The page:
UCLan midwife expert takes her skills across Atlantic

Sue Downe

Sue Downe

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A midwife has been sharing her birthing knowledge with experts in Canada.

University of Central Lancashire midwifery professor Soo Downe was invited to the University of British Columbia to share her extensive research into childbirth trends and promote research into the nature and consequences of normal birth, with minimal medical or technological intervention.

As the first visiting scholar in this field, Soo visited hospitals in Vancouver as well as sharing her research within the university, and in a public lecture.

Soo was a midwife for 15 years before moving into higher education.

She joined UCLan in 2001 when she set up the Midwifery Studies Research Unit and now leads the Research in Childbirth and Health group at the University.

Soo is well known for promoting research into “normal birth” (with little medical or technological intervention, such as Caesarean sections, labour induction, drugs, episiotomies and antibiotics.)

And she believes that the evidence supports more births at home, or in midwife led units out of hospital, for healthy women and babies.

It was her research which led to the UCB appointing her as the first ever international visiting scholar for a new endowed scholarship programme, the Elaine Carty Scholarship programme.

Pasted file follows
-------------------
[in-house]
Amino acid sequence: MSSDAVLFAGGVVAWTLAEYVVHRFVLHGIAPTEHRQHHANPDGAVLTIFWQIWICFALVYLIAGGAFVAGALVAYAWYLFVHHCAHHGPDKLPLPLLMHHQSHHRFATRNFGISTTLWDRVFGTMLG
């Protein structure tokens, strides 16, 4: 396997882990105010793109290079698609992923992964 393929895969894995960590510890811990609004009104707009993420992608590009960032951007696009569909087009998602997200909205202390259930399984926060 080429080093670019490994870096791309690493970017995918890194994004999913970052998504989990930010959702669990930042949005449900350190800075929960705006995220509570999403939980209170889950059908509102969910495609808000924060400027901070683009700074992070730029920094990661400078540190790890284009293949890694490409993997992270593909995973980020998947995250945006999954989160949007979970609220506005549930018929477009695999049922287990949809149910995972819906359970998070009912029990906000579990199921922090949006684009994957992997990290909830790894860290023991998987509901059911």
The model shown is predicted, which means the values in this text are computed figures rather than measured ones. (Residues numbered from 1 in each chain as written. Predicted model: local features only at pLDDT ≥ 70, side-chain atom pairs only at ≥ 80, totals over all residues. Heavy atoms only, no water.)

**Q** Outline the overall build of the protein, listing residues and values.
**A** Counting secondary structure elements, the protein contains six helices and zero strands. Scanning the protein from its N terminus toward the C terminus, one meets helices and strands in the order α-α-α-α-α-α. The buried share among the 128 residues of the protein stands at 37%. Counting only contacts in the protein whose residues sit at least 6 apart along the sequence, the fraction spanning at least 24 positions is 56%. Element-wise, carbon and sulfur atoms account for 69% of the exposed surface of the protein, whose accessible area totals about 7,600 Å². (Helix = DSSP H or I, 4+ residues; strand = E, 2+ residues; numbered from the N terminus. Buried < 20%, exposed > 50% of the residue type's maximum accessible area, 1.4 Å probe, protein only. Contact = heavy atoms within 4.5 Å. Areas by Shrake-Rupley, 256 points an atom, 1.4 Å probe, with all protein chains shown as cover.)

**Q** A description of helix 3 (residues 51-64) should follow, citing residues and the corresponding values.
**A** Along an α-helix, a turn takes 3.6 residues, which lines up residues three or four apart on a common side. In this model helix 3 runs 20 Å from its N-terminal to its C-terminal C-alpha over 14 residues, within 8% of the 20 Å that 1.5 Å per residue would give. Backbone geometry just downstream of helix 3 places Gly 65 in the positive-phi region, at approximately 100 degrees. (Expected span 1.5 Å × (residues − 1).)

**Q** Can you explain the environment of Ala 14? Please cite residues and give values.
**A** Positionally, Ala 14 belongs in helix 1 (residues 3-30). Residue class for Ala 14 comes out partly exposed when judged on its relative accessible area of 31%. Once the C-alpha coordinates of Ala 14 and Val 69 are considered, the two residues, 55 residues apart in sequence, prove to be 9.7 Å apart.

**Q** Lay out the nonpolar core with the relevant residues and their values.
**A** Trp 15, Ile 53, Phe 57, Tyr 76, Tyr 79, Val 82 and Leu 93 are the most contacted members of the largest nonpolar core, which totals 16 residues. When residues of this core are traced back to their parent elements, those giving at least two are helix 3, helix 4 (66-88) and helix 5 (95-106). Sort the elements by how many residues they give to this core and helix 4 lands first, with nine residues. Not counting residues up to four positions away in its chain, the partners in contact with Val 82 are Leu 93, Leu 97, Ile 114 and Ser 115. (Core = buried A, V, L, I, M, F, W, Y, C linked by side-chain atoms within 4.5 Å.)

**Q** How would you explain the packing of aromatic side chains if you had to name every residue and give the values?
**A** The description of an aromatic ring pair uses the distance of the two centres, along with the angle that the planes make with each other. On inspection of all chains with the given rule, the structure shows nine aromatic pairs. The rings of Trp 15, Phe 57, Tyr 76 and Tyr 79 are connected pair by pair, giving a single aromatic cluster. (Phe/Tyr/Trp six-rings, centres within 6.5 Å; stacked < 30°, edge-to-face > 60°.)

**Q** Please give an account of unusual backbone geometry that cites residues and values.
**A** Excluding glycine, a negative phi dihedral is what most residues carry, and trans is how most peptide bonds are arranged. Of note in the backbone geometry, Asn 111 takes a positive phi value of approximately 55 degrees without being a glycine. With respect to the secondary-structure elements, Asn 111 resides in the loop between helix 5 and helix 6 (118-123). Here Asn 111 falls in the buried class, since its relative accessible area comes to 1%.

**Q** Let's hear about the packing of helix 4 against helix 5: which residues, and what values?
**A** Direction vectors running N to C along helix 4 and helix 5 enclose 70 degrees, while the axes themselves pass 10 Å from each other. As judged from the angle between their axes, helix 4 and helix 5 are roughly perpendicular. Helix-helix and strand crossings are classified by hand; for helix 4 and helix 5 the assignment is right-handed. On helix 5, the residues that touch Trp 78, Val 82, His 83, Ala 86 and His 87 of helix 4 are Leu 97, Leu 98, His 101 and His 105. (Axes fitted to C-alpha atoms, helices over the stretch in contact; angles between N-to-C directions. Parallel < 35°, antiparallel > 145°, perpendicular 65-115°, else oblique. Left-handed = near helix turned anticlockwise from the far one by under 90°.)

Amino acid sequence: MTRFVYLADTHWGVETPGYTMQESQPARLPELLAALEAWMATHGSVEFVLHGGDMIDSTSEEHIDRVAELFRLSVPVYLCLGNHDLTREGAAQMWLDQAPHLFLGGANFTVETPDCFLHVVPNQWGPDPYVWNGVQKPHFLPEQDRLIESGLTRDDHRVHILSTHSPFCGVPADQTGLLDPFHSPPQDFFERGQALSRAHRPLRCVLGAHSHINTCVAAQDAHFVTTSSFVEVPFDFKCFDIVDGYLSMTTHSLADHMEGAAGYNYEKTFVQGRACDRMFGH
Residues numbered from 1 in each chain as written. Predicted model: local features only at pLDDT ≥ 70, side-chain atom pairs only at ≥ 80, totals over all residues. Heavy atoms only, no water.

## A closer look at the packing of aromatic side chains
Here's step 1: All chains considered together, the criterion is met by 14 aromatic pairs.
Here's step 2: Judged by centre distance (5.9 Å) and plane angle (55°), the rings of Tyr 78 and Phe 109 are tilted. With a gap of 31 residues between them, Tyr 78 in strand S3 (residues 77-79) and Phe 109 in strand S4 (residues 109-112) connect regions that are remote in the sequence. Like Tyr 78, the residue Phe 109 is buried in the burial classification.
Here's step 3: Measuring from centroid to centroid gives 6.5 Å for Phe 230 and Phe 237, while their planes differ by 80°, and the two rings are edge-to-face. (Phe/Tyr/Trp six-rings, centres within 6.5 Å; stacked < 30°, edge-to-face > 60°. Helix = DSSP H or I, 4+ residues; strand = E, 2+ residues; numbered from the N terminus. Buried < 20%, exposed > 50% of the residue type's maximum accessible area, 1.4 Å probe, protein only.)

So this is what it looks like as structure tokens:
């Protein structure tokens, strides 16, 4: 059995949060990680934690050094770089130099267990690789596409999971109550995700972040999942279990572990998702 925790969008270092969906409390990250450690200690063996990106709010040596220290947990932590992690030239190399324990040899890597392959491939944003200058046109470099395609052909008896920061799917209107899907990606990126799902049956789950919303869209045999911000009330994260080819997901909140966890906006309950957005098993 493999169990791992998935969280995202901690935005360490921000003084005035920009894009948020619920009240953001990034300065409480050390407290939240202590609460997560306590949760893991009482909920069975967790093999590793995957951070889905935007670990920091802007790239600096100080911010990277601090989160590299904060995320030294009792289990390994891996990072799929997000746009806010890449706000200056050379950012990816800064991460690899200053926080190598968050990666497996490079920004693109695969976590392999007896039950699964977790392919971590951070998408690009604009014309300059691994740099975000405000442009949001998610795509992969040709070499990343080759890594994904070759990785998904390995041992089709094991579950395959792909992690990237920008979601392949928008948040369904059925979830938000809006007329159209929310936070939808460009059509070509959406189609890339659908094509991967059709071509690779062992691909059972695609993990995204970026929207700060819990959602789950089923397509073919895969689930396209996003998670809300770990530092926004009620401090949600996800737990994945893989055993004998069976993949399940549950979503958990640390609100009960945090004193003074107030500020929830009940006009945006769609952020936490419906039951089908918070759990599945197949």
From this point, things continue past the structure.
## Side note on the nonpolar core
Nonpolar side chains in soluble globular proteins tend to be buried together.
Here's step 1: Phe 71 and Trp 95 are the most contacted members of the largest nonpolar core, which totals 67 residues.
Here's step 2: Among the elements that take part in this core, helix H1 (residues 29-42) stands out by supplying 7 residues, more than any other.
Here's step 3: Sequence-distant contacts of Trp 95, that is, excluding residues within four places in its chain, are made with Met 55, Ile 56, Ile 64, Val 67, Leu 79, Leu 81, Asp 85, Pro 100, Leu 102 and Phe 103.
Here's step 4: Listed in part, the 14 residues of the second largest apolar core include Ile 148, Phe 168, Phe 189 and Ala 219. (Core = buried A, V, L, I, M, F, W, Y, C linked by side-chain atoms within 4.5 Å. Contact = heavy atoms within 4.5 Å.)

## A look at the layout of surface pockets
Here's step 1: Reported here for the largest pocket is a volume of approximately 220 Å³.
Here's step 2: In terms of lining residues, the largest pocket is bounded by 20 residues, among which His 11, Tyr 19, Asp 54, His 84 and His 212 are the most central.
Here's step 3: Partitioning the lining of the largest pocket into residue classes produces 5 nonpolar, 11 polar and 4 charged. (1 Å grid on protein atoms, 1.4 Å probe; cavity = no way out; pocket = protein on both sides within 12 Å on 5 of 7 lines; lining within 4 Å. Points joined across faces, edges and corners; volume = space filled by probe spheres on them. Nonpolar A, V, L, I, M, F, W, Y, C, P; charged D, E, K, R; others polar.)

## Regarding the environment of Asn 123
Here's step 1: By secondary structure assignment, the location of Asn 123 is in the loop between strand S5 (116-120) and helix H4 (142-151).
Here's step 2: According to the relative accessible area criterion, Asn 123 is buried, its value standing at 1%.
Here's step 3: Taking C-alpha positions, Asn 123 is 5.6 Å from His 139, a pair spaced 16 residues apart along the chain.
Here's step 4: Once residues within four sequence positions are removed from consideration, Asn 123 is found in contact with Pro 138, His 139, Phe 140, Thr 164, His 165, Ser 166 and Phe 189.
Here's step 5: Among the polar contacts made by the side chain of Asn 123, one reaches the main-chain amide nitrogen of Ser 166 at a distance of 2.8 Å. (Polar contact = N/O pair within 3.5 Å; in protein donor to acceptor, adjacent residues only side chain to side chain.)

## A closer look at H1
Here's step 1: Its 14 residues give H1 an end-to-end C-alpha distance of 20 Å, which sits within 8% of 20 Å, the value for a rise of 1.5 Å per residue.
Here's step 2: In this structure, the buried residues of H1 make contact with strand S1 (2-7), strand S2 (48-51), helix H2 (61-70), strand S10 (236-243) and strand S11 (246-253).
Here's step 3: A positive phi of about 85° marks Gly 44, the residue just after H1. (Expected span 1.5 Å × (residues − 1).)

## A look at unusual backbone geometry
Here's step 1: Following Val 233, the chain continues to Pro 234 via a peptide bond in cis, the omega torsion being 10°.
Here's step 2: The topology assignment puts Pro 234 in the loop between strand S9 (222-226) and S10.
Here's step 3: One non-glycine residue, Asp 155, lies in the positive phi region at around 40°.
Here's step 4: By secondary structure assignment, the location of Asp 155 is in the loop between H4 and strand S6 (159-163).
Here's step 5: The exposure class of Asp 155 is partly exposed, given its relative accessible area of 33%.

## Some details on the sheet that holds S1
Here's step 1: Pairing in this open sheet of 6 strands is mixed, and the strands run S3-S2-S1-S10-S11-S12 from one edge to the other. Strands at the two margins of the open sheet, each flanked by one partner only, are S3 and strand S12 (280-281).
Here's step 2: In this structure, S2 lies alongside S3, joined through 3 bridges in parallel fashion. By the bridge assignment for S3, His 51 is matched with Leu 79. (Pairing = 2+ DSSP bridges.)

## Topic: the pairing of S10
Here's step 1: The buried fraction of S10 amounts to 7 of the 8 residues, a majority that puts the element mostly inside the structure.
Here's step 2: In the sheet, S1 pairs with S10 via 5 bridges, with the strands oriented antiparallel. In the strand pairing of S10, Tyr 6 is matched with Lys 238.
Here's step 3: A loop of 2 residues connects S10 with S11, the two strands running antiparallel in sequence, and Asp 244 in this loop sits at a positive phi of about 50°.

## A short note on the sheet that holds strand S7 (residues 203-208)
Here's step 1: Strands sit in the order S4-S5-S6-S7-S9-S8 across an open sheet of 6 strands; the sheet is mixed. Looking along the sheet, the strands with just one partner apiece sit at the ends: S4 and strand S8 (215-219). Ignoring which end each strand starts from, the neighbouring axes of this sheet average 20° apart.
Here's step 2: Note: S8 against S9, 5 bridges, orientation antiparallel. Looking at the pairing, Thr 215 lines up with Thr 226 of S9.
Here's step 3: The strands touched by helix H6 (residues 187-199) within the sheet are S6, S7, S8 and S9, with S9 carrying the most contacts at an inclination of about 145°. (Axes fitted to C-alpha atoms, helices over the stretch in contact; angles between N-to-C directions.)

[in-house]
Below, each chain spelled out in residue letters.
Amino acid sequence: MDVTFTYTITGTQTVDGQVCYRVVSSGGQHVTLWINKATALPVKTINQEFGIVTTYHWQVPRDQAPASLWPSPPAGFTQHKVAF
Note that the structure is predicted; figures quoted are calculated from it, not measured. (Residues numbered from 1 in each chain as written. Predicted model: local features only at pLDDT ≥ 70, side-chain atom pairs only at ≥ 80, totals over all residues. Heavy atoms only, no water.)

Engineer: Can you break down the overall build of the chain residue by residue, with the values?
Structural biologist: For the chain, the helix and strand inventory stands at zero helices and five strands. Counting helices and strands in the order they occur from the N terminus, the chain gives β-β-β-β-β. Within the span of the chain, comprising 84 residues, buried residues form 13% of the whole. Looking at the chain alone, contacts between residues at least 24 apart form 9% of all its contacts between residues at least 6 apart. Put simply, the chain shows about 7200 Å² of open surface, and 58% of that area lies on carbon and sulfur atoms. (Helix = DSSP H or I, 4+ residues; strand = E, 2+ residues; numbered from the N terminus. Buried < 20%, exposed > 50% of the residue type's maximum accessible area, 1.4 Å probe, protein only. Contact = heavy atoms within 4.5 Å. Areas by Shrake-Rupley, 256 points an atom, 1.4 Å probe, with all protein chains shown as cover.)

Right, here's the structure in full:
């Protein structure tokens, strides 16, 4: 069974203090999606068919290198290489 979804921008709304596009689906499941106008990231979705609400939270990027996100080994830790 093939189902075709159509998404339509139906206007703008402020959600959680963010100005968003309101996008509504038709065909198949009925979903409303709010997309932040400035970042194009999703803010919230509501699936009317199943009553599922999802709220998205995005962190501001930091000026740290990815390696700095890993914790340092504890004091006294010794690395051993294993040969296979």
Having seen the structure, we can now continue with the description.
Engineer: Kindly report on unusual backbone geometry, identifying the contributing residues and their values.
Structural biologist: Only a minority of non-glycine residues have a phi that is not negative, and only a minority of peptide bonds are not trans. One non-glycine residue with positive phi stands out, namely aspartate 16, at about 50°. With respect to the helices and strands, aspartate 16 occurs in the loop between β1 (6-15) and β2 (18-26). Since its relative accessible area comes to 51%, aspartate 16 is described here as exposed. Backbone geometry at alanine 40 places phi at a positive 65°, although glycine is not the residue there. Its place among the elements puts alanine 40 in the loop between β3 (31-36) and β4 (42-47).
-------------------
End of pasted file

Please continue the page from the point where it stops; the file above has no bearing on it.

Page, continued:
As a direct result she went over to talk to academics and give lectures. Soo said: “Getting childbirth right is profoundly important for the wellbeing of families, and for future generations.

“While I have always believed that birth with no or minimal intervention is ideal if mother and baby are healthy, recent exciting evidence from epigenetics seems to suggest that there is biological evidence for the impact of what happens during labour and birth on the way genes might be expressed for the child, in infancy and in adulthood, and then for their own children.”

The Canadians were very impressed with Soo and the director of midwifery at UBC Michelle Butler said: “We hope that her visit and insights into normalising birth stimulated debate, encouraged practitioners, researchers and students in British Columbia to reflect on how the work that they do impacts on birth outcomes.”